One of the many incredible things about being in our position is the opportunities we have had to play shows with bands we admire. In our short time together we've already had the privilege of touring with the likes of No Age, Times New Viking, Broken Social Scene, Danielson, Titus Andronicus, the Cribs, Jeffrey Lewis and many more. For me, personally, nothing has been a bigger honour than the shows we played with Parenthetical Girls.
They say never meet your heroes, and in playing these shows, that's exactly what I was doing (okay, Zac's no Bruce Willis, but you get what I mean). Zac went from the mysterious, androgynous singer in my favourite band, to being one of my best pals. A fairytale ending, I'm sure you'll agree.
Now, Zac has been kind enough to allow us to exclusively stream a track from his band's forthcoming record, and offer us some insight into what we can expect from the release. Take it away Pennington...
Gareth Campesinos! and I have a surprisingly uncomplicated relationship, considering that it’s one sustained by two mutually myopic narcissists — and this is perhaps because it is mostly favours -based. It began when Gareth asked me to write a piece in the first Romance Is Boring zine, continued through an all-too-brief U.S. tour, a stint with Gareth serving as a roadie on our first tour of the UK, and on and on until I ended up singing a bit on Romance is Boring: THE ALBUM. Evidently, the favours ratio is heavily skewed in my direction — and this particularly vulgar exhibition of nepotism isn’t about to square the ledger. That said — and as Gareth can certainly attest — there is nothing quite so satisfying to the bedroom solipsist than that of an open forum in which to talk at length about one’s self. So here goes:
A few months ago, after a lengthy and unforeseen hiatus, the group Parenthetical Girls began to undertake what is for us an exceptionally ambitious project — that of creating our new record over the course of a series of five self-contained EPs — all under the decidedly inauspicious banner of 'Privilege'. There were myriad reasons for this enterprise, not the least of which being pragmatism: our sloth-like approach to writing and producing music, coupled with the cripplingly Kafkaesque bureaucracy of the mid-level independent music business, would mean that in all likelihood it would take at least another year for full-length to properly see the light of day—by which time the independent record industry is liable to have gone the way of the Quagga anyway.
Having last spent the better part of two years preparing, recording, and then waiting for the release of a record that took the length of an average sitcom to listen to [Entanglements], we were anxious to work within a set of circumstances that could afford us both more creative spontaneity and communicative immediacy—short, appetising bursts of anima, free of the conceptual conceits that have historically bogged down our processes. But because everything that this band does eventually reveals itself to be yet another form of thinly-veiled self-defeatism, we (or rather, I) decided to do it in perhaps the most counter-intuitive way imaginable—as a sprawling, five-part, limited edition vinyl-only box set, for which we control all means of production, promotion and distribution. I should mention at this point that one of the album’s major themes is the beauty inherent in heroic, unequivocal failure. Wink. Wink.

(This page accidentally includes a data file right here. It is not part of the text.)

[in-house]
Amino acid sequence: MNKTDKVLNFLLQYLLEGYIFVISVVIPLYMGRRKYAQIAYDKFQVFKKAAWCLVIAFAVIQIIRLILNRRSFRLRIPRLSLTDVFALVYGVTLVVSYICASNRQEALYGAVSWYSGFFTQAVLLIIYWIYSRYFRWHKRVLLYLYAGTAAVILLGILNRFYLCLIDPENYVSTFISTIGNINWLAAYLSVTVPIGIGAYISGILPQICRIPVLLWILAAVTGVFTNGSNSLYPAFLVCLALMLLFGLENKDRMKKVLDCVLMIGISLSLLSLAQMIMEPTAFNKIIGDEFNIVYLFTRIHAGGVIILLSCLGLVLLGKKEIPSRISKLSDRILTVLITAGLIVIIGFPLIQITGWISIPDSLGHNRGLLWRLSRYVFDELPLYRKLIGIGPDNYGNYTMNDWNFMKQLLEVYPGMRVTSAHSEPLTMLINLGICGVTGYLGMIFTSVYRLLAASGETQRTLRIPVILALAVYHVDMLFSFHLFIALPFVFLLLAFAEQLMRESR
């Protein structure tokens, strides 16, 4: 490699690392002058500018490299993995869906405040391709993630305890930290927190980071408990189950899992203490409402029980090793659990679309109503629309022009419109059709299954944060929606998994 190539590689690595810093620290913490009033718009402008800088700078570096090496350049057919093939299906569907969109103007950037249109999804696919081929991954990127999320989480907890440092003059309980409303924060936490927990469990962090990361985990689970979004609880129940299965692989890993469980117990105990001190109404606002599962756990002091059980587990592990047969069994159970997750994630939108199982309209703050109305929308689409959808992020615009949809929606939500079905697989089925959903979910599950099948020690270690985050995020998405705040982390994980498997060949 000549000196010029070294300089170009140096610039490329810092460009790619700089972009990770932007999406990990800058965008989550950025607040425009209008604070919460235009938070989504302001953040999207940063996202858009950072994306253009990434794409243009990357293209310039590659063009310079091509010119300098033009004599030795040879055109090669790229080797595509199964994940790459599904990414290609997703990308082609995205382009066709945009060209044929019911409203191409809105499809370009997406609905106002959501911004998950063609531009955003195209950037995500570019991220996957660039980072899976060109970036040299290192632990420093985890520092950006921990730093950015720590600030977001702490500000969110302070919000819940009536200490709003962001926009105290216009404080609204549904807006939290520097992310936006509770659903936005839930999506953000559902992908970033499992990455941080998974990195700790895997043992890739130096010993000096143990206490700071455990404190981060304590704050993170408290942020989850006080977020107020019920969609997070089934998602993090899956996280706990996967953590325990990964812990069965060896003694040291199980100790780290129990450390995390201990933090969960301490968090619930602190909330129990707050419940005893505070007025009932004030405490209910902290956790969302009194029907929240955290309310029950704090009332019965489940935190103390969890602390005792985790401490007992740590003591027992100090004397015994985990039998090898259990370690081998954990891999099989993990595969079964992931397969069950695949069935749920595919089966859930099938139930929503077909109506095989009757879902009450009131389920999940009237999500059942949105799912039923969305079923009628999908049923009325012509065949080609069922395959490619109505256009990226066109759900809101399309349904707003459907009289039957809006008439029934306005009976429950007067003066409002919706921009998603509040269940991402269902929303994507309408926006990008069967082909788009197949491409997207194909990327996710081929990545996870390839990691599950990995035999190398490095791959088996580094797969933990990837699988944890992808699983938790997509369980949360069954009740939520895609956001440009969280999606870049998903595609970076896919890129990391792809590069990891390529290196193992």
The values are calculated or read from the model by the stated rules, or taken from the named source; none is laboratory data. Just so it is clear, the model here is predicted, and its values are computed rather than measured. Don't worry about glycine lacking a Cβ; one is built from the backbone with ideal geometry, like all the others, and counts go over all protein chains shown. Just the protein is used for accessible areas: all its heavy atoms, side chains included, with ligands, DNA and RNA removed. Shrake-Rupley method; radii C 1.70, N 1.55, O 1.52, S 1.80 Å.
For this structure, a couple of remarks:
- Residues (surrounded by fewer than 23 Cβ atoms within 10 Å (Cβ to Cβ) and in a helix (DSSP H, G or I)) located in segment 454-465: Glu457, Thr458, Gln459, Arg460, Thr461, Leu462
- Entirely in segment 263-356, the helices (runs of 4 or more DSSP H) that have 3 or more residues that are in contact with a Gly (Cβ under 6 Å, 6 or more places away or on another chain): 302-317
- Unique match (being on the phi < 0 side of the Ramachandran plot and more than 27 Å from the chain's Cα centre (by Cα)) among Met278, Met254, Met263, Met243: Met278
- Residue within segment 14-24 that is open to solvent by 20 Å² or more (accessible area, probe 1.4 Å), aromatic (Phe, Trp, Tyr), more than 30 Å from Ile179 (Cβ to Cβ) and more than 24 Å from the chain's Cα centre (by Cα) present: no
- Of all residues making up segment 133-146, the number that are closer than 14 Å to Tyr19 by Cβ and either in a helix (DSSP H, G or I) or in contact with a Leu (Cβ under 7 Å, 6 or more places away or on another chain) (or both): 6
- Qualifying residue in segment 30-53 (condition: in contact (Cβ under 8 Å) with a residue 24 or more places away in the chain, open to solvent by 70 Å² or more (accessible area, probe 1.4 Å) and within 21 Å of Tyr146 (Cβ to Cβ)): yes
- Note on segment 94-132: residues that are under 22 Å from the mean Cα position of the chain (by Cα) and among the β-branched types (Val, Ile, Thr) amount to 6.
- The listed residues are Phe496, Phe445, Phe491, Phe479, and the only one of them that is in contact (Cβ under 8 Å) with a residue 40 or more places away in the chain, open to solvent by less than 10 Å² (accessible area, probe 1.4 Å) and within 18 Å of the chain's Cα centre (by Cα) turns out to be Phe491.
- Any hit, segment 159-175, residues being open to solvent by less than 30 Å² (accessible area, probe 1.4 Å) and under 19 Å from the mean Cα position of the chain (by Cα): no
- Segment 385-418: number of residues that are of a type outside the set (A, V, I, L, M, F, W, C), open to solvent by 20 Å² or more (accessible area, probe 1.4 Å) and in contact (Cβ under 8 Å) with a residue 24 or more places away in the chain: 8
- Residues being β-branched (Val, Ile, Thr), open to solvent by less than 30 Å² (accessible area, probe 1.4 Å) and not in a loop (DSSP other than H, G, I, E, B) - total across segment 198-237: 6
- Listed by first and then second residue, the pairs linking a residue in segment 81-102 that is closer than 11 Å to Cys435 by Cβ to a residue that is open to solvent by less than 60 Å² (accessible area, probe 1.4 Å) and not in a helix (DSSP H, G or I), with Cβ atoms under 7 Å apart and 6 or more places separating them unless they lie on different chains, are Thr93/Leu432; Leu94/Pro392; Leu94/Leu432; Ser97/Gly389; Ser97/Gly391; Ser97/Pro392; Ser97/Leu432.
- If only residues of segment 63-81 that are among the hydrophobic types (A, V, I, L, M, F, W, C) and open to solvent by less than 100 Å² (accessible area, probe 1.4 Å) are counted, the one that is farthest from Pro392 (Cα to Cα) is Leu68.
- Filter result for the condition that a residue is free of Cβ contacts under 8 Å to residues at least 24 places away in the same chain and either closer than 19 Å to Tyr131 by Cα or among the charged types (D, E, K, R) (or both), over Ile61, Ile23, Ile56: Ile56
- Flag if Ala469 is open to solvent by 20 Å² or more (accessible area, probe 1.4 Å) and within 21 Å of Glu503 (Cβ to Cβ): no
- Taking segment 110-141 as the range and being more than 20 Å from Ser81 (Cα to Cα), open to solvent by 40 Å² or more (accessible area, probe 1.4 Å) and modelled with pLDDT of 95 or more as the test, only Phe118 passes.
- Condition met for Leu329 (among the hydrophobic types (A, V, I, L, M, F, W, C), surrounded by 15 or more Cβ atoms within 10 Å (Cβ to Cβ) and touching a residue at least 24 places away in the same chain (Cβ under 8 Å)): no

Beyond simple object fetishism — an impulse that is assuredly at hand here in spades — the idea was also one of opening ourselves to avenues that would otherwise seem too tangential to explore within the confines of album-length cohesion. And besides: everyone knows that EPs are the ideal format anyway—they’re like the svelte, sprightly and winsome idealist to the album’s turgid, fat, and pretentious academic. People can lament the death of the album for all that their lungs might muster, but my eyes are stone dry.
One final note on the bloodletting: something that has been gathering a good deal of attention — and make no mistake, that’s certainly the whole stupid point of the thing — is the fact we’ll be hand-numbering these records in our own blood. I haven’t really mentioned that we’re doing this to any of my bandmates. I wonder if they’ve read about it yet? Anyway. I was watching a crime drama on television recently, and it suddenly occurred to me: were any of us to commit a heinous crime at any time in the foreseeable future, our hypothetical DNA evidence will now irreversibly be an object of public and commercial record. Rest assured, the group Parenthetical Girls will steer clear of GBH for as long as we can manage — but just think: even if the music is utter shit, imagine how much they’d be worth if one of us lost our heads for just one split second?
So here's that very stream!
...and the video for the first single from the new album!